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Articles by Author Mike McClelland

Like Sharon Stone and the zipper, Mike McClelland (he/him/his) is originally from Meadville, Pennsylvania. He has lived on five continents but now resides in Georgia with his husband, two sons, and a menagerie of rescue dogs. He is the author of the short fiction collection “Gay Zoo Day” and his creative work has appeared in The New York Times, Boston Review, Vox, The Baffler, and a number of literary magazines and anthologies. He's a graduate of Allegheny College, The London School of Economics, and the MFA program at Georgia College, and is currently a PhD candidate in the University of Georgia's creative writing program.

Featured Article

The Common Wasp

The last wasp ate itself to death in the middle of a fig. It was happy.

The Human

It was a kind of salve to the spirit, a bit of anesthetic applied to the extreme trauma of being the last of your line. I felt it immediately, the very second I became the last human alive. A sideways stretch of the mind, immediate access to the final moments of every other extinct species. It meant, of course, that we weren’t alone. Even though we’d soon be gone, this was proof that there was, indeed, someone or something in charge. Something watching out for us all. Or at least watching us all.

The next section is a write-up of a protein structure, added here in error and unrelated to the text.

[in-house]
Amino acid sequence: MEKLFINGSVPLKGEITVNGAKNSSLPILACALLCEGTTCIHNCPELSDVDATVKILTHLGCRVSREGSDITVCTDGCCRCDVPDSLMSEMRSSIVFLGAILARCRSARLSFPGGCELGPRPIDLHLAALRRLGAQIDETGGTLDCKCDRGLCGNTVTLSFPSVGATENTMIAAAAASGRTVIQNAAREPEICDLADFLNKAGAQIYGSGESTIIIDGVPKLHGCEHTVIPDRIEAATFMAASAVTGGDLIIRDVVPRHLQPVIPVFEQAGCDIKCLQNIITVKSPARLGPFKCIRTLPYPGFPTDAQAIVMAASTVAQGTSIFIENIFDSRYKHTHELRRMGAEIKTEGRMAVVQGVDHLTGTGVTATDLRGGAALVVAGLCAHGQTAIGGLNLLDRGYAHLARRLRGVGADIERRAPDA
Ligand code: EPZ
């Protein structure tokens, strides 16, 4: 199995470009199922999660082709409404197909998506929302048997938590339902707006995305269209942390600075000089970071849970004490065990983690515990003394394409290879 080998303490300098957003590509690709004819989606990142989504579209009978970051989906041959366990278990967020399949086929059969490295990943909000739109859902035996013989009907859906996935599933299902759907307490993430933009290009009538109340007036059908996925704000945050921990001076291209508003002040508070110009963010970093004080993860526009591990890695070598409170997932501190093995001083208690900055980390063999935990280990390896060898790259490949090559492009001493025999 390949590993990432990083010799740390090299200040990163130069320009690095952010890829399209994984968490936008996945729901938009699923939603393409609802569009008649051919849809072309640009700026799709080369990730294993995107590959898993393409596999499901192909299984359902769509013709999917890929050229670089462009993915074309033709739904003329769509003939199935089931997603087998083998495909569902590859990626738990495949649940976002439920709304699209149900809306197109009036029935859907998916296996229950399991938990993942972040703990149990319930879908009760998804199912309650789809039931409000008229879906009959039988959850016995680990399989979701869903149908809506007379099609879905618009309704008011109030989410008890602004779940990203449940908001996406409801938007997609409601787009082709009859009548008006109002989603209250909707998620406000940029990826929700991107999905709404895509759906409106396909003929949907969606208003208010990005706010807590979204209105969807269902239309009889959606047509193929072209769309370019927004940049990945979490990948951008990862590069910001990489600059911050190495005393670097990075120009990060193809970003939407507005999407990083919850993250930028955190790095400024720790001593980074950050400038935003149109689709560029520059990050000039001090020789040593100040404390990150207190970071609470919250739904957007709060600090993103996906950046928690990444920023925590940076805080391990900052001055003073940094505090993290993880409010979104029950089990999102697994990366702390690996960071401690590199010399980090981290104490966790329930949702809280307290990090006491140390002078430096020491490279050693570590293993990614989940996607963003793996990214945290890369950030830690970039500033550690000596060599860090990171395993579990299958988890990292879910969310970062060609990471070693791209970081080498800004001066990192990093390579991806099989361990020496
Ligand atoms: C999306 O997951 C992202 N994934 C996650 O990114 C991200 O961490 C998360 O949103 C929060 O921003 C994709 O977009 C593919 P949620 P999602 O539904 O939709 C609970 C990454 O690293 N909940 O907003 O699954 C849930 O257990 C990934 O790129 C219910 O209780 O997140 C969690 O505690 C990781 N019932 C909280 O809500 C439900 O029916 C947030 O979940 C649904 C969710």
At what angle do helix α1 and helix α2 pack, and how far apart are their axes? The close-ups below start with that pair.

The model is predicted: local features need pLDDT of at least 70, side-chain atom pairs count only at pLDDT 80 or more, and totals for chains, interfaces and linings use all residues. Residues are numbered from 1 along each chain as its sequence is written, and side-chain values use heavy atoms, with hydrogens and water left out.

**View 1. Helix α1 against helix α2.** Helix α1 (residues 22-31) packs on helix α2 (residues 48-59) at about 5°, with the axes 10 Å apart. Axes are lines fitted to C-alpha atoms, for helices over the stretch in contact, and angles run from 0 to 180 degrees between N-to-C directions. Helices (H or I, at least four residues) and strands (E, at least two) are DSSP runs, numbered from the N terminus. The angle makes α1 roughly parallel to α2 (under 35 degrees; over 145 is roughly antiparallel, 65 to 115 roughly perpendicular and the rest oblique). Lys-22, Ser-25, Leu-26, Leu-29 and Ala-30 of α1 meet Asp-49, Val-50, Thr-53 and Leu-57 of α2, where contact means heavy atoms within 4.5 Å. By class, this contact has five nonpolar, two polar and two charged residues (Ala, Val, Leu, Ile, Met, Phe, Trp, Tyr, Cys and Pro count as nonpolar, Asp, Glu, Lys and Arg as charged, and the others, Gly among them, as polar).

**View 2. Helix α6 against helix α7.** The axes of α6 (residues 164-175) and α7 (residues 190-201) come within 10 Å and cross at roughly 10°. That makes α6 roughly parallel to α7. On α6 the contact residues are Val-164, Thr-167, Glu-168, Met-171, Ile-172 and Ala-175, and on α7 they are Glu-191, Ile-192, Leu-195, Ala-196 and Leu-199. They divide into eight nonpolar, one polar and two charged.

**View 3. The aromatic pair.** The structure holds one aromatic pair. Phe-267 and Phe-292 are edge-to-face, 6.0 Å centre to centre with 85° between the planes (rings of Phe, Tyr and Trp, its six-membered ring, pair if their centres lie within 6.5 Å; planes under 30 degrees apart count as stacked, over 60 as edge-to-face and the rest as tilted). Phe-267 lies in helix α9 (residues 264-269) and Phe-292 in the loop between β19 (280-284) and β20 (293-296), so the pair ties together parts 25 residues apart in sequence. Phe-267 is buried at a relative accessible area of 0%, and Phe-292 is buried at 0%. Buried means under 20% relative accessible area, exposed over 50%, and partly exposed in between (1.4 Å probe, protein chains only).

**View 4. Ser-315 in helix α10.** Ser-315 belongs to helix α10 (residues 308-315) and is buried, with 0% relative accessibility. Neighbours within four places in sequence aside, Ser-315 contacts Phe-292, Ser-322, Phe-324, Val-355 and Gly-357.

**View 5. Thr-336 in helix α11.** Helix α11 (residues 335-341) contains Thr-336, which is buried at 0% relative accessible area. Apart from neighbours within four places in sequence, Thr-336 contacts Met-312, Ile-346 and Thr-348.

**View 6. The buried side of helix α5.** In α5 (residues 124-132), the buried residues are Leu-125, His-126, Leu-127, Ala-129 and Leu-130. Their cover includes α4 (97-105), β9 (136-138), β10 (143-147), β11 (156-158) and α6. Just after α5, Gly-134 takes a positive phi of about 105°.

Accessing it is a bit like one of those old-fashioned electronic devices. I had to sort of scan leftward with my mind to get to the next species, though it worked in tandem with my own imagination. If I could think of the creature itself — the last aardvark, for instance — I could zip right to it, or if I knew the category — birds or flightless birds or tropical birds — I could land there and search around within that realm.

I started with wasps, because I was eating a fig when every other human being died. We hadn’t had wasps ... Read more